Power demand across hotels, offices, recreational facilities and restaurants have dwindled as British Columbians self isolate.
The shortfall means there's a surplus of water in reservoirs across the province.
"This drop in load in addition to the spring snow melt is causing our reservoirs to reach near capacity, which could lead to environmental concerns, as well as public safety risks if we don't address the challenges now," said spokesperson Tanya Fish.
Crews will have to strategically spill reservoirs to keep them from overflowing, a process that can have negative impacts on downstream ecosystems. Excessive spilling can increase fish mortality rates.
Spilling is currently underway at the Seven Mile and Revelstoke reservoirs. In addition, several small plants have been shut down.
Site C and hydro rates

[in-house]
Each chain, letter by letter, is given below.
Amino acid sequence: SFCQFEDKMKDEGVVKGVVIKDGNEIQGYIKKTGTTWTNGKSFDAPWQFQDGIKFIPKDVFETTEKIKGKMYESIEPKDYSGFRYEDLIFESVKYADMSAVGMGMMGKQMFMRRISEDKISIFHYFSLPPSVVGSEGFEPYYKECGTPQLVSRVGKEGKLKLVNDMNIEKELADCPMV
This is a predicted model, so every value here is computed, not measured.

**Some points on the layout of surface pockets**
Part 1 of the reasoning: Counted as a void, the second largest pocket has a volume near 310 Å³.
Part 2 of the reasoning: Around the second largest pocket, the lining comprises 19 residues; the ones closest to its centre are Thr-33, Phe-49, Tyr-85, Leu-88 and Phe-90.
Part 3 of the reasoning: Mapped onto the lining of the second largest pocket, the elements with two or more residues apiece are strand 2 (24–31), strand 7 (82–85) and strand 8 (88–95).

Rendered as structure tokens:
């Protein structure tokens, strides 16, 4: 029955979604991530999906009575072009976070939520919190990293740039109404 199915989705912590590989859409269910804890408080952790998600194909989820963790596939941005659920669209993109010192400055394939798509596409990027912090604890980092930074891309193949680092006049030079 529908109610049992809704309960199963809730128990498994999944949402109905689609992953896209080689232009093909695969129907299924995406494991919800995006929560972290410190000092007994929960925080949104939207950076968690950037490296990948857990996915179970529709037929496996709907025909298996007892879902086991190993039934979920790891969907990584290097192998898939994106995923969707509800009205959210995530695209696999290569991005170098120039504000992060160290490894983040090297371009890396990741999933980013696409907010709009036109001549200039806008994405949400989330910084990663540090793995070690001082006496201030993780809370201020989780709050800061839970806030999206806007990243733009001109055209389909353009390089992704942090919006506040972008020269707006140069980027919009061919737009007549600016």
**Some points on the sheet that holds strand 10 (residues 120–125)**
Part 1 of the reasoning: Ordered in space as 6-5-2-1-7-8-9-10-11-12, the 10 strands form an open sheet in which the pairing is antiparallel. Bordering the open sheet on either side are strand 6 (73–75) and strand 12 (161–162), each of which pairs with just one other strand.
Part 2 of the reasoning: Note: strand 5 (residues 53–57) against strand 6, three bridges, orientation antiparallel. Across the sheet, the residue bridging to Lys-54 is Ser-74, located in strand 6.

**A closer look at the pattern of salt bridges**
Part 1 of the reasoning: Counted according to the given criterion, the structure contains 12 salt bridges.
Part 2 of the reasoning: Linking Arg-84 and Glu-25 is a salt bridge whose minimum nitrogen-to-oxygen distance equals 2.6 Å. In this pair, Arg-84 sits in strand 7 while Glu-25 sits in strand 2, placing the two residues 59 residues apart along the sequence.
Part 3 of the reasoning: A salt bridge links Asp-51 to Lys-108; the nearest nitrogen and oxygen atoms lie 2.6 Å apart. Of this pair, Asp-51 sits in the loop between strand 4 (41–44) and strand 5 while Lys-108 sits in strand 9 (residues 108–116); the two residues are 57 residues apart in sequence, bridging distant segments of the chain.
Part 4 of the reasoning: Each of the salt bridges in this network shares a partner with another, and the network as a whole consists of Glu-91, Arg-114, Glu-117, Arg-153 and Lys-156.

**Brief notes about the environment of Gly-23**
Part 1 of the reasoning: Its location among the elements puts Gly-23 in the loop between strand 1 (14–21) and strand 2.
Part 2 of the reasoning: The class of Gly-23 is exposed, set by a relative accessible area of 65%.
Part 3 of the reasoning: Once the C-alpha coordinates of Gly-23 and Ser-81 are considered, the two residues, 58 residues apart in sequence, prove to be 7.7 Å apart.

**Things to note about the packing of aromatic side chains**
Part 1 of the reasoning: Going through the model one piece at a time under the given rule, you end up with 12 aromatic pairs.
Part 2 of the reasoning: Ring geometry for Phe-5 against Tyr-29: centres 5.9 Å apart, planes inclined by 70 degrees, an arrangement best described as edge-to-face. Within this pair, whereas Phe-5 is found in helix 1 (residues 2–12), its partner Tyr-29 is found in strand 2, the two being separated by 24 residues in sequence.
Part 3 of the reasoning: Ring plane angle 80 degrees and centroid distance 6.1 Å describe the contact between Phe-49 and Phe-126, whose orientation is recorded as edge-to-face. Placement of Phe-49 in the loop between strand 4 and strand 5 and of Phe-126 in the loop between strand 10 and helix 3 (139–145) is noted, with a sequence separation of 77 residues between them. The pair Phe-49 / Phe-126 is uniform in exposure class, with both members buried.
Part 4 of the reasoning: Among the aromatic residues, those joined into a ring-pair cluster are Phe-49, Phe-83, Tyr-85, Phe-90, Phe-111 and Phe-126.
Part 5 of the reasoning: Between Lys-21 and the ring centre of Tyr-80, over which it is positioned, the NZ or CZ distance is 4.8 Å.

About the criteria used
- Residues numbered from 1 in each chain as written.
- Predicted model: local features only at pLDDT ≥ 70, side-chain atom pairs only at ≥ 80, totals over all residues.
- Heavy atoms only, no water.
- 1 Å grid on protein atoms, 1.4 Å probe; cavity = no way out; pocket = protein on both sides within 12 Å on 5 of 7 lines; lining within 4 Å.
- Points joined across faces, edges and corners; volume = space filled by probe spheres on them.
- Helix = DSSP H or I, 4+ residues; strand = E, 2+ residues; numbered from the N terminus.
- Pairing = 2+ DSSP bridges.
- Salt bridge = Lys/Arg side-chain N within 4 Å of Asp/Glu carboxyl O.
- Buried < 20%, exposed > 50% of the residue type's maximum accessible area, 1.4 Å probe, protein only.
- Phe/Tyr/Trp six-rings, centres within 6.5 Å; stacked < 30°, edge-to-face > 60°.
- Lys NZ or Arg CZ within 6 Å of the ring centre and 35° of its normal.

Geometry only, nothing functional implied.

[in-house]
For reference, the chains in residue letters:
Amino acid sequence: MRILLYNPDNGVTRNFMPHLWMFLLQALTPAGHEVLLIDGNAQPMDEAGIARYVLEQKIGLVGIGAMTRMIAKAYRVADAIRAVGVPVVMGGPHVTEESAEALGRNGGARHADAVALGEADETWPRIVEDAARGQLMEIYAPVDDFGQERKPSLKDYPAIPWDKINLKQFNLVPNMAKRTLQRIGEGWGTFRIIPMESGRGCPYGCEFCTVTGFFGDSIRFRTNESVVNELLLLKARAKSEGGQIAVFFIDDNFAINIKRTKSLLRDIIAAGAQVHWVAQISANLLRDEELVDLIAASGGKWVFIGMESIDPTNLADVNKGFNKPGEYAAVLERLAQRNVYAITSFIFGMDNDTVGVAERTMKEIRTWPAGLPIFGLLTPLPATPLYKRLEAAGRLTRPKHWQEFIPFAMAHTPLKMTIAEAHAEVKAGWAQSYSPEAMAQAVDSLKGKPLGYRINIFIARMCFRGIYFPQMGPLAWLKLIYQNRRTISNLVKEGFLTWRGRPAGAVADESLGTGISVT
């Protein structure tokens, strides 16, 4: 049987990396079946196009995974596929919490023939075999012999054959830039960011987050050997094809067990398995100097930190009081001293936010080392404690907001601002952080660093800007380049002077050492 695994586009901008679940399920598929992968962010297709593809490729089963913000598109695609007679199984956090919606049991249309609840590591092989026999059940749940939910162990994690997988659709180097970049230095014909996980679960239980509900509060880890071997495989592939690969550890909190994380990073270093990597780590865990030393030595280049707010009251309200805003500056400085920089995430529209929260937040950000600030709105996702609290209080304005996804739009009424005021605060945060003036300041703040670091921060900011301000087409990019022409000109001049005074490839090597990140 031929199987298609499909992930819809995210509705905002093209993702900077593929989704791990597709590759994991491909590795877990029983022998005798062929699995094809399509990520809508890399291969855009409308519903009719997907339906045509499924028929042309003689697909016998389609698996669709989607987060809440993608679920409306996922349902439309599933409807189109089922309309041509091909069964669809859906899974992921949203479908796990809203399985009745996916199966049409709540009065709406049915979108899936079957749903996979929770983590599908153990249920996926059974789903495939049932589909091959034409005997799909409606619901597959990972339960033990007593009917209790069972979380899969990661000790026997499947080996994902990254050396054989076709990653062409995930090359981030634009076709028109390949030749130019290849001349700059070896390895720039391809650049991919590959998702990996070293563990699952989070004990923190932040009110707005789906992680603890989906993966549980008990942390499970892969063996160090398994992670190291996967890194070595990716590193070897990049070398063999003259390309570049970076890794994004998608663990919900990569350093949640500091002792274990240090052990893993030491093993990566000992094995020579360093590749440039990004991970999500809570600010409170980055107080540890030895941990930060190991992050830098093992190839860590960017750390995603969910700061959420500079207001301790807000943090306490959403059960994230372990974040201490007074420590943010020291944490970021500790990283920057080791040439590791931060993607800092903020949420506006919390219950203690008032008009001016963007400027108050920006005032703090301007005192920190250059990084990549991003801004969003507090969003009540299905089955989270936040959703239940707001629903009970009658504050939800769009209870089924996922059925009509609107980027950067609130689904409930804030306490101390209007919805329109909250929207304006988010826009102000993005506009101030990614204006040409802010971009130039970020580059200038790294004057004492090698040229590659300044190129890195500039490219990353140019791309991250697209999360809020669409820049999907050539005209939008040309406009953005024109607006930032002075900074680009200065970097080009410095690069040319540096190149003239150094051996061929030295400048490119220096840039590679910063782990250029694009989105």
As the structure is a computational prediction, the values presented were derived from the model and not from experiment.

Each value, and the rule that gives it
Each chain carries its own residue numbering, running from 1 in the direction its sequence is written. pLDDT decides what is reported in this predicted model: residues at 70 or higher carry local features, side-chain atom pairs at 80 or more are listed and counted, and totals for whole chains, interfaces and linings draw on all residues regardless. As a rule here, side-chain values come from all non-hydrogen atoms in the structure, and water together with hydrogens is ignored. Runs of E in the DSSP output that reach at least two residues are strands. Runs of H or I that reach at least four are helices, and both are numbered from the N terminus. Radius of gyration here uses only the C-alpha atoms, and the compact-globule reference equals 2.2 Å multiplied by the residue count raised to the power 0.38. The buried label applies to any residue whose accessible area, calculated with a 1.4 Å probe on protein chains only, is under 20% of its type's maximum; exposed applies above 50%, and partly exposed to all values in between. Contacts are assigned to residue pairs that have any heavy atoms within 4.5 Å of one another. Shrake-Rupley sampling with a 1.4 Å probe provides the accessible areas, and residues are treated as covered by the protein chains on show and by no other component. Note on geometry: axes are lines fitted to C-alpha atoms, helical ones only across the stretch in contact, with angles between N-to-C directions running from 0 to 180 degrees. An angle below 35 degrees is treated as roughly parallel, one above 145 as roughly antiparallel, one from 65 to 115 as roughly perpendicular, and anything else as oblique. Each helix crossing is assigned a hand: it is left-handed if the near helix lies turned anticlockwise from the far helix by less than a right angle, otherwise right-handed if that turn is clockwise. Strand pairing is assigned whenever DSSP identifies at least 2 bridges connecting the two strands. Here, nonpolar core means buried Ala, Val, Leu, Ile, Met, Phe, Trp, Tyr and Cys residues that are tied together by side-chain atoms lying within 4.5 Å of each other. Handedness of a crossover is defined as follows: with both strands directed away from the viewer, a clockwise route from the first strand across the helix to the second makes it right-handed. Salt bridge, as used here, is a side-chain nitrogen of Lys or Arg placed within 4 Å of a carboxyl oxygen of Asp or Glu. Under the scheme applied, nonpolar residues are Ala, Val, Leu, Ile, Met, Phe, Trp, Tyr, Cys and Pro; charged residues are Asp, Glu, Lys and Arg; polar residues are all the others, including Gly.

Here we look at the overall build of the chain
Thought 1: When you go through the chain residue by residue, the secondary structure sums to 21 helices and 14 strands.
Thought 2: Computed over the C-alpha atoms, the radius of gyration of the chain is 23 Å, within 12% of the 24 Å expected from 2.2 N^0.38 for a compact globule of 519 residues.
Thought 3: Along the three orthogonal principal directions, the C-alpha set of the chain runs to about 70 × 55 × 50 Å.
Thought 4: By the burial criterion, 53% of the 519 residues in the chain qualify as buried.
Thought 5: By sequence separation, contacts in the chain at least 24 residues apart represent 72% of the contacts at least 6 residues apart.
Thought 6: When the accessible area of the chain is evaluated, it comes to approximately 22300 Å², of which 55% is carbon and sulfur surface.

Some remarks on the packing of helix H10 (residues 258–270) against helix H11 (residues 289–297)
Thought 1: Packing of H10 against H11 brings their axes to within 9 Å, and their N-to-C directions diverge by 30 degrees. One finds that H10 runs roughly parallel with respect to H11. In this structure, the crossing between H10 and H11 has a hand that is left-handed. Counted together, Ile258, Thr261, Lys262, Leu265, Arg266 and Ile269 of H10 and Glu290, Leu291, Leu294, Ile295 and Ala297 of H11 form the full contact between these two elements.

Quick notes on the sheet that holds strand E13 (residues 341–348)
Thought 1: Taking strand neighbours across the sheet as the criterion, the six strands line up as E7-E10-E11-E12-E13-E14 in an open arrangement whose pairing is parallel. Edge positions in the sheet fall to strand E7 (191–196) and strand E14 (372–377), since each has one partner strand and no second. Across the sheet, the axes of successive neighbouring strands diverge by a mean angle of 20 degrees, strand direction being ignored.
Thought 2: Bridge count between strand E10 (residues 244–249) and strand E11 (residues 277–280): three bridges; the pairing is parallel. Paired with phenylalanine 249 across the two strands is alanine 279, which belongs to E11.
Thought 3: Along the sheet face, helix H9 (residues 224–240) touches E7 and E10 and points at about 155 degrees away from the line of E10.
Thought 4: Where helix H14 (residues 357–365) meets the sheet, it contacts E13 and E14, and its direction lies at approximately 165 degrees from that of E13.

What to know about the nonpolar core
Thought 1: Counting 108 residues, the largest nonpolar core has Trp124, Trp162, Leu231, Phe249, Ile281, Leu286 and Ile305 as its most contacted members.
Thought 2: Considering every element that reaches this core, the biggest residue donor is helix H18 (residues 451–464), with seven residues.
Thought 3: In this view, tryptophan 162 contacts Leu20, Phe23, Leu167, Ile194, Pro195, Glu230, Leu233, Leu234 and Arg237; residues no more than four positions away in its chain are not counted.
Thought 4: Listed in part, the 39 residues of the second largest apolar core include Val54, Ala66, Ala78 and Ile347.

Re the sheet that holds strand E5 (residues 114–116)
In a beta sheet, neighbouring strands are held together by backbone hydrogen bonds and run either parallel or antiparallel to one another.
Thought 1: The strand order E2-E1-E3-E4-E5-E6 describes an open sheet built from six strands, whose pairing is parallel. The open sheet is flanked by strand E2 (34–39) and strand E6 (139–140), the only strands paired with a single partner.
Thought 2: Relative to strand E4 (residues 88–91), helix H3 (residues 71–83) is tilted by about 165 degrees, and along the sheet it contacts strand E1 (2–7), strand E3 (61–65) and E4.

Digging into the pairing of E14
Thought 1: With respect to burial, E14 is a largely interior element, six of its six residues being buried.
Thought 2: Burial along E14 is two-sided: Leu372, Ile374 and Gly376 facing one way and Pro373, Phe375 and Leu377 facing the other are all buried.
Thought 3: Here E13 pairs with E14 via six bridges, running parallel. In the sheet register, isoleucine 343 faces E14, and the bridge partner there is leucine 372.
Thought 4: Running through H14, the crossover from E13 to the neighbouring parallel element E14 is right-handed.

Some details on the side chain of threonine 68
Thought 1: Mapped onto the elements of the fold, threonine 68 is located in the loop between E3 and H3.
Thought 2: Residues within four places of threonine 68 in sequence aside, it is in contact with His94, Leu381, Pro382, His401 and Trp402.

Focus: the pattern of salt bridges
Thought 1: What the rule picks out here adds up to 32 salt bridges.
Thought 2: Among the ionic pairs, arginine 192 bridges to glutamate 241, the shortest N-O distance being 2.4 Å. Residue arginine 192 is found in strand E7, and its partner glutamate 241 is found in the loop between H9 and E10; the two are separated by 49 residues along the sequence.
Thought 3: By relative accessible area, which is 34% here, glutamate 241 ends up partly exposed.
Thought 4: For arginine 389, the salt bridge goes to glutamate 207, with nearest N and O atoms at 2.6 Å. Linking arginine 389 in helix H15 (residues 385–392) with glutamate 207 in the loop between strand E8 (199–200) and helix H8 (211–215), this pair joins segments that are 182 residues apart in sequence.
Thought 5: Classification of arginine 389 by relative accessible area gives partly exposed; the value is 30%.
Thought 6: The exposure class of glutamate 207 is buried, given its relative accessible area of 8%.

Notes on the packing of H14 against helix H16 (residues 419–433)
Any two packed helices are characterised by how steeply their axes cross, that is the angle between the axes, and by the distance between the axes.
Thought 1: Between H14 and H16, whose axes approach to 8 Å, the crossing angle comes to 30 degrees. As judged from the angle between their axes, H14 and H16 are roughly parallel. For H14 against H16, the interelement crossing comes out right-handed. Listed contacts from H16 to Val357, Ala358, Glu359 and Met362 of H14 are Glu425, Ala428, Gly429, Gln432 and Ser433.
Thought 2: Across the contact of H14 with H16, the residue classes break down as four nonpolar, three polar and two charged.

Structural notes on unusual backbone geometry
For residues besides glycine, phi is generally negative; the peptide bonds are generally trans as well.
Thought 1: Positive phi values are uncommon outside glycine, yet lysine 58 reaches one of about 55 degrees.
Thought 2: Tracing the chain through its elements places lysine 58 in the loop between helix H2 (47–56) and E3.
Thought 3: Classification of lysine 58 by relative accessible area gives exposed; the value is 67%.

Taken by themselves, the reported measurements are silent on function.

According to the report, titled Demand Dilemma, the decline could continue into April 2021 and drop by another two per cent.
Major industry — forestry, mining and oil and gas — accounts for about 30 per cent of BC Hydro's overall electricity load. Energy demand from these customers has dropped by seven per cent since mid-March.
BC Hydro says a prolonged drop in demand could have an impact on future rates, which could potentially go up as the power provider looks to recoup financial losses.
Fish said the crown corporation still expects there to be increased demand in the long-term. She said construction of the Site C Dam is continuing as planned. There are currently nearly 1,000 workers on-site.